“Adventure is the participation or willingness to participate in things that involve uncertainty and risk”
La Paz, Baja California Sur is home sweet home for now. Seamore Pacific dropped her anchor yesterday after three days of day sailing and two nights of sleeping on the hook (anchor) in remote Mexican bays. La Paz is everything I hoped for and thank goodness, because otherwise Seamore Pacific would be for sale today. The accumulation of uncertainty was battling with romantic expectations and expectations was losing. But today, instead of visiting the local yacht broker and placing her up for sale, I’m loving being anchored in La Paz, and enjoying the flashbacks of dating Captain Chameleon when he lived on Windward of Hamble in Boot key Harbor in the Florida Keys. Boot Key has Dockside lounge and La Paz has the Dock Café. If I hadn’t lived the experience of sailing from San Diego to La Paz, as I peer across the bay to the mangroves, I would think I’m in the Florida Keys. Sailboats line the horizon; all sizes, types, and degrees of being forgotten by well-meaning sailors. Every single boat here has a story. And if La Paz is like Boot Key Harbor, it’s an easy place to call home. Or, in the case of forlorn boats, the sailor just got fed up with living on a boat, dropped the anchor, and moved ashore.
The natural beauty between Cabo San Luca and La Paz is stunning. Paradise. But sometimes even paradise can turn the stomach sour or change one’s heart. To ignore the moments that turned my stomach or threatened to change my heart about Seamore Pacific would in essence be going through the motions and pretending. So instead, I’ll claim them.
Claim it. Write about it. And continue the adventure…
Part 1: Going from Cabo San Lucas to Los Frailes. I woke that morning relieved to no longer be dreaming. All night I sailed, and sailed, and sailed. The alarm when off and I was tired from ‘dream sailing’ and yet wide awake and ready for new horizons. Cabo had been fantastic in many ways, but the Sea of Cortez was calling. Also, we felt a bit rushed because with the Ha Ha over, a surpass of cruisers would be heading out with the same plan as us, and the Mexico Boating Guide said Los Frailes could only handle about 6 boats at anchor. The race was on! Hoist the sails and let’s beat the others there. We hoisted the sails and left the bay with 4 other boats in view. As hard as we tried, we just couldn’t make time because the wind was coming from the exact same direction as we wanted to go. Our choice was to tack the entire way,making it to Los Frailes the next day…or motor. Not wanting to turn a 10 hour trip into a 20 hour trip, we motored. Disappointment began to set in. Didn’t we ‘sign- up’ to sail the Sea of Cortez? Here we are in a sailboat, motoring. Suddenly and casually Captain Chameleon remembered a detail about cruising the Sea of Cortez that he had read. “Most sailboats have to motor in the Sea of Cortez because the wind is always coming from the direction one wants to go.” Oh. Okay then. Must be why most of the other sailboats around us are motoring. Keeping our noses to the wind, we half sailed and mostly motored to Los Frailes, hoping to be one of the six boats to anchor overnight.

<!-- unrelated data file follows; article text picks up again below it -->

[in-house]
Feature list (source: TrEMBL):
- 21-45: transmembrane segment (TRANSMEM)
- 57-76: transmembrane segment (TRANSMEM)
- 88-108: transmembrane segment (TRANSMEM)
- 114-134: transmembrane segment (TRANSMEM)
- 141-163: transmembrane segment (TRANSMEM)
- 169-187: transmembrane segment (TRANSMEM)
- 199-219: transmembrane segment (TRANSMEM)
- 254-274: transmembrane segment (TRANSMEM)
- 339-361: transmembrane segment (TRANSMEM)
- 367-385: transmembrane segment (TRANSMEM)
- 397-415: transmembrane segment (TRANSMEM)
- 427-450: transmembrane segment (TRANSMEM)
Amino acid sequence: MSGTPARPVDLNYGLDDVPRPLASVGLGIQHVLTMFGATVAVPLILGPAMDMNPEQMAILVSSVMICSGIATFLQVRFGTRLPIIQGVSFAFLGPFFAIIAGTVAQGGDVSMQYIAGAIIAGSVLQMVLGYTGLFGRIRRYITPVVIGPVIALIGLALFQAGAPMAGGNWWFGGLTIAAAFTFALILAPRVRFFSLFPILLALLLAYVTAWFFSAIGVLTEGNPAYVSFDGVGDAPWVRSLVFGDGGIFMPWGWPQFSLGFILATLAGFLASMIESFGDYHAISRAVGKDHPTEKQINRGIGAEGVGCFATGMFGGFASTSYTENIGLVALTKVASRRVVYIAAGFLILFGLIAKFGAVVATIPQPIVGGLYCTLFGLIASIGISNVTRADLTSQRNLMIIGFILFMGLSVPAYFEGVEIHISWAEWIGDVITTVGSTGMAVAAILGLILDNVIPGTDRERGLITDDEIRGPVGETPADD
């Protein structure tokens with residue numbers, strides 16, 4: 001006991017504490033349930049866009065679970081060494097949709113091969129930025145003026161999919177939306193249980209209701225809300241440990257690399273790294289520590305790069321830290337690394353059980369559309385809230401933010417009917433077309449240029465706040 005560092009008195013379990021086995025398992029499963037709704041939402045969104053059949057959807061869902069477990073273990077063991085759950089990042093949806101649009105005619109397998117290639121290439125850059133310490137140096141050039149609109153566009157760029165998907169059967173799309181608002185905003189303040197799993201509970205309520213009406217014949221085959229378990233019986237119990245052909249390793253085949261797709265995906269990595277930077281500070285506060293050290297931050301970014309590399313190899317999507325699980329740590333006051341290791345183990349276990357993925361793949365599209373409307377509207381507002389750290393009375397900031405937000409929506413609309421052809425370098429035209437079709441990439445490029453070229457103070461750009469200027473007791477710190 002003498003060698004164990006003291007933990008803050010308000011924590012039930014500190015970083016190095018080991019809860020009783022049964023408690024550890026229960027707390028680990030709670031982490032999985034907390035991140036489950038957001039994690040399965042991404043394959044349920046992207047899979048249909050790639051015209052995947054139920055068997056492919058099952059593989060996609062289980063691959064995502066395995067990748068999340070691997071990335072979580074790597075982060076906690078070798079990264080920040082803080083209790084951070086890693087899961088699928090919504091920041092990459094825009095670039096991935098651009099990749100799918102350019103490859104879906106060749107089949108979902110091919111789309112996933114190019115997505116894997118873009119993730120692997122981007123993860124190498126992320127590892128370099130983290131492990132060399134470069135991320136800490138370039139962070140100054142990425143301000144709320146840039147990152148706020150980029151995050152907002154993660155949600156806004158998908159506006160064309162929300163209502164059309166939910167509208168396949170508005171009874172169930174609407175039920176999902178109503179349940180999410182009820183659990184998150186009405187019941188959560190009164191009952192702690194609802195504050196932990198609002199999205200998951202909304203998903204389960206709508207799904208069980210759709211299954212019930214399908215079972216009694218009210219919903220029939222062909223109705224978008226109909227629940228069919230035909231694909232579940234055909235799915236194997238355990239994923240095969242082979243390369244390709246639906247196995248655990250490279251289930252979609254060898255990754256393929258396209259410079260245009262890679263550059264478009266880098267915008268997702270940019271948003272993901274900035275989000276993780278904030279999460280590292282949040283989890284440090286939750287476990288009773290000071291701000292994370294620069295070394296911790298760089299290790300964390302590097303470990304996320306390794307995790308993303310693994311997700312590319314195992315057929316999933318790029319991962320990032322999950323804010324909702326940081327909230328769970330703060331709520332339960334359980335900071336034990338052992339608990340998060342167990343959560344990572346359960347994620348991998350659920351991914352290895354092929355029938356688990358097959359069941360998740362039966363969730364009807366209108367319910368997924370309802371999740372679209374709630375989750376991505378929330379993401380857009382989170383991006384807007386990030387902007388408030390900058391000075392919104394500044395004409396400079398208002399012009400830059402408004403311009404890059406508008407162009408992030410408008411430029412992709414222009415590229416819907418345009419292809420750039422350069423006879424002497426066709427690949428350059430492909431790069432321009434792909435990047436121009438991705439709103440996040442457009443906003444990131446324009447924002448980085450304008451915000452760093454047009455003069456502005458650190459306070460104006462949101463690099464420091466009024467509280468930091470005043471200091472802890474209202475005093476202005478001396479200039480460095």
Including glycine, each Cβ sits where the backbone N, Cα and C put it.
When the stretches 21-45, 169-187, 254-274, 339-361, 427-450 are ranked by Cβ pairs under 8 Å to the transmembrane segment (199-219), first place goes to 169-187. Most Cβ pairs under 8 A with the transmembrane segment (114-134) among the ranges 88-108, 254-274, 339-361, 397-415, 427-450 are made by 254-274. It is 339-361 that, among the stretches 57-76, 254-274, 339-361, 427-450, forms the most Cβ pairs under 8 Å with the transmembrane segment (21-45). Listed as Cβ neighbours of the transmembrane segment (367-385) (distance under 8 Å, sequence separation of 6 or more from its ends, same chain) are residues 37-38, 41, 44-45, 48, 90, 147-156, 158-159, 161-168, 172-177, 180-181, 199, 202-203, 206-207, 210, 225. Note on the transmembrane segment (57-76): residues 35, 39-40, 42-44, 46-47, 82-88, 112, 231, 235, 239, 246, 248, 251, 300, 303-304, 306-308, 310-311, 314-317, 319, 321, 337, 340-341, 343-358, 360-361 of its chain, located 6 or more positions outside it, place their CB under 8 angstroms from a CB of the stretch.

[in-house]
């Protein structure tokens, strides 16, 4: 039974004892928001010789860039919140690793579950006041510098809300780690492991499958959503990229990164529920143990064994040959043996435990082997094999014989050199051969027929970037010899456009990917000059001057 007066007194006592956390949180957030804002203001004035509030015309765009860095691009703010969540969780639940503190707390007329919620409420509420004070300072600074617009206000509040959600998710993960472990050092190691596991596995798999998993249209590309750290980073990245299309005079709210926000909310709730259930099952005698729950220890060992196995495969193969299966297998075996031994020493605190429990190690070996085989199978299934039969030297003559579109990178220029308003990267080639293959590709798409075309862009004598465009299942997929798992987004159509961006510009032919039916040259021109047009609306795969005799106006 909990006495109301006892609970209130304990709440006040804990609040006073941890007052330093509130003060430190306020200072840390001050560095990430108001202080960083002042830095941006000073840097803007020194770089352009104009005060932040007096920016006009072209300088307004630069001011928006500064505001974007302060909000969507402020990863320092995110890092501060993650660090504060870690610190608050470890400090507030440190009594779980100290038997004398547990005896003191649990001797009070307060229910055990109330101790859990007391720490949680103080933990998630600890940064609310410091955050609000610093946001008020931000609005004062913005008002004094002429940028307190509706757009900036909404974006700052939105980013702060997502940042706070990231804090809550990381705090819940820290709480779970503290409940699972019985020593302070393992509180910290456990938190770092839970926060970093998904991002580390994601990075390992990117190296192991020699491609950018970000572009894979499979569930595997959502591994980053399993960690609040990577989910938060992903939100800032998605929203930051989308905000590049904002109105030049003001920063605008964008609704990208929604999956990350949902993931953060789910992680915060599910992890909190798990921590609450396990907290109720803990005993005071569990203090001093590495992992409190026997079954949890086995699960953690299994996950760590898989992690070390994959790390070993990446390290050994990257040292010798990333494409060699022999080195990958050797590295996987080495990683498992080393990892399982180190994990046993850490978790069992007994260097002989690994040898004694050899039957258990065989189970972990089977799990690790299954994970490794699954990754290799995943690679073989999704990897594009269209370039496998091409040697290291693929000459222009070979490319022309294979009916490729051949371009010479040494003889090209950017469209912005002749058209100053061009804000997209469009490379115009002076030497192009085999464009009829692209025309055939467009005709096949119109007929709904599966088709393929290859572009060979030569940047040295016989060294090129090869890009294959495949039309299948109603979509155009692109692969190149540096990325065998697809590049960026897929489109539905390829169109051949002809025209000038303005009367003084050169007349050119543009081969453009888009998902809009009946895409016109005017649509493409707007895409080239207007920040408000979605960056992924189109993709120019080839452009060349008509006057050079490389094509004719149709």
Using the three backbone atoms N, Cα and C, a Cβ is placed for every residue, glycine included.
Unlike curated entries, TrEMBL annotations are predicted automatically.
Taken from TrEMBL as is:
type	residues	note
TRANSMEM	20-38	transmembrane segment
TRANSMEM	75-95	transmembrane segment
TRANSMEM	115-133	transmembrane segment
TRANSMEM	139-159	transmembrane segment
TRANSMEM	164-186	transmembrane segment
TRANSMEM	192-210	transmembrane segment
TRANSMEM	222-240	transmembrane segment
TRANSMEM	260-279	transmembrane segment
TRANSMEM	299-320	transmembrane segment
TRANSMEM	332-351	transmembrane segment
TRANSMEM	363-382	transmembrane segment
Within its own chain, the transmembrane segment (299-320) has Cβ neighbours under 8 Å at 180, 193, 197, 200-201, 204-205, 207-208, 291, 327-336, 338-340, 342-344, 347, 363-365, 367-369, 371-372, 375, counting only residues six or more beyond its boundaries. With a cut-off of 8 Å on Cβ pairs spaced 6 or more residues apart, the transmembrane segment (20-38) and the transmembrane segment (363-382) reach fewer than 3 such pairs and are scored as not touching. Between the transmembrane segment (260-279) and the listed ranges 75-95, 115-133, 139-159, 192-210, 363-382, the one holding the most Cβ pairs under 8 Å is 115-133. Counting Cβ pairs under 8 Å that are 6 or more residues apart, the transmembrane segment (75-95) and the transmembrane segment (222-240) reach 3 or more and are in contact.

As Los Frailes came into sight, my stamina started to flutter. Tired from the previous night’s work of dreaming that I was sailing and then today’s motoring through a north wind, I was tired and loathing the thought of having to pass Los Frailes and navigate through the night. With me at the helm and Captain Chameleon at the binoculars, we tried to predict our fate. Were we one of the six boats to make it to Los Frailes?
“How many masts can you make out?”
“Eighteen. I think I see eighteen.”
What?! Eighteen boats anchored in a little anchorage that is supposed to only fit six? Well, it’s going to be nineteen then. And so we anchored with 22 other boats in Los Frailes (3 came after us). It was a cozy clan and if not for knowing we were anchored inches from the abyss and could easily drag anchor, we would have slept soundly that night. Instead, we took turns waking to check that we were not drifting south and into the Panama Canal.
“Muchos gracias” Bahia Los Frailes for your outstretched shore and receiving us for the night. Your beauty was worth motoring for, despite my disappointment that we didn’t sail to greet you.
Too be continued…
So happy to see this post this morning. La Paz is wonderful, right? And a well-earned rest also. You didn’t sell your running shoes after your 100s, so I doubt that I’ll see Seamore Pacific listed in the Boat Ads anytime soon. You’re a strong team, you have what it takes to do this, and still, I hold you in my prayers every day.
From someone who knows what running a hundred is, yes you can relate. You are on the same wave length. Post two will include a correlation to running a hundred. Thanks for the daily prayers! > Date: Sun, 17 Nov 2013 14:41:32 +0000 > To: email@example.com >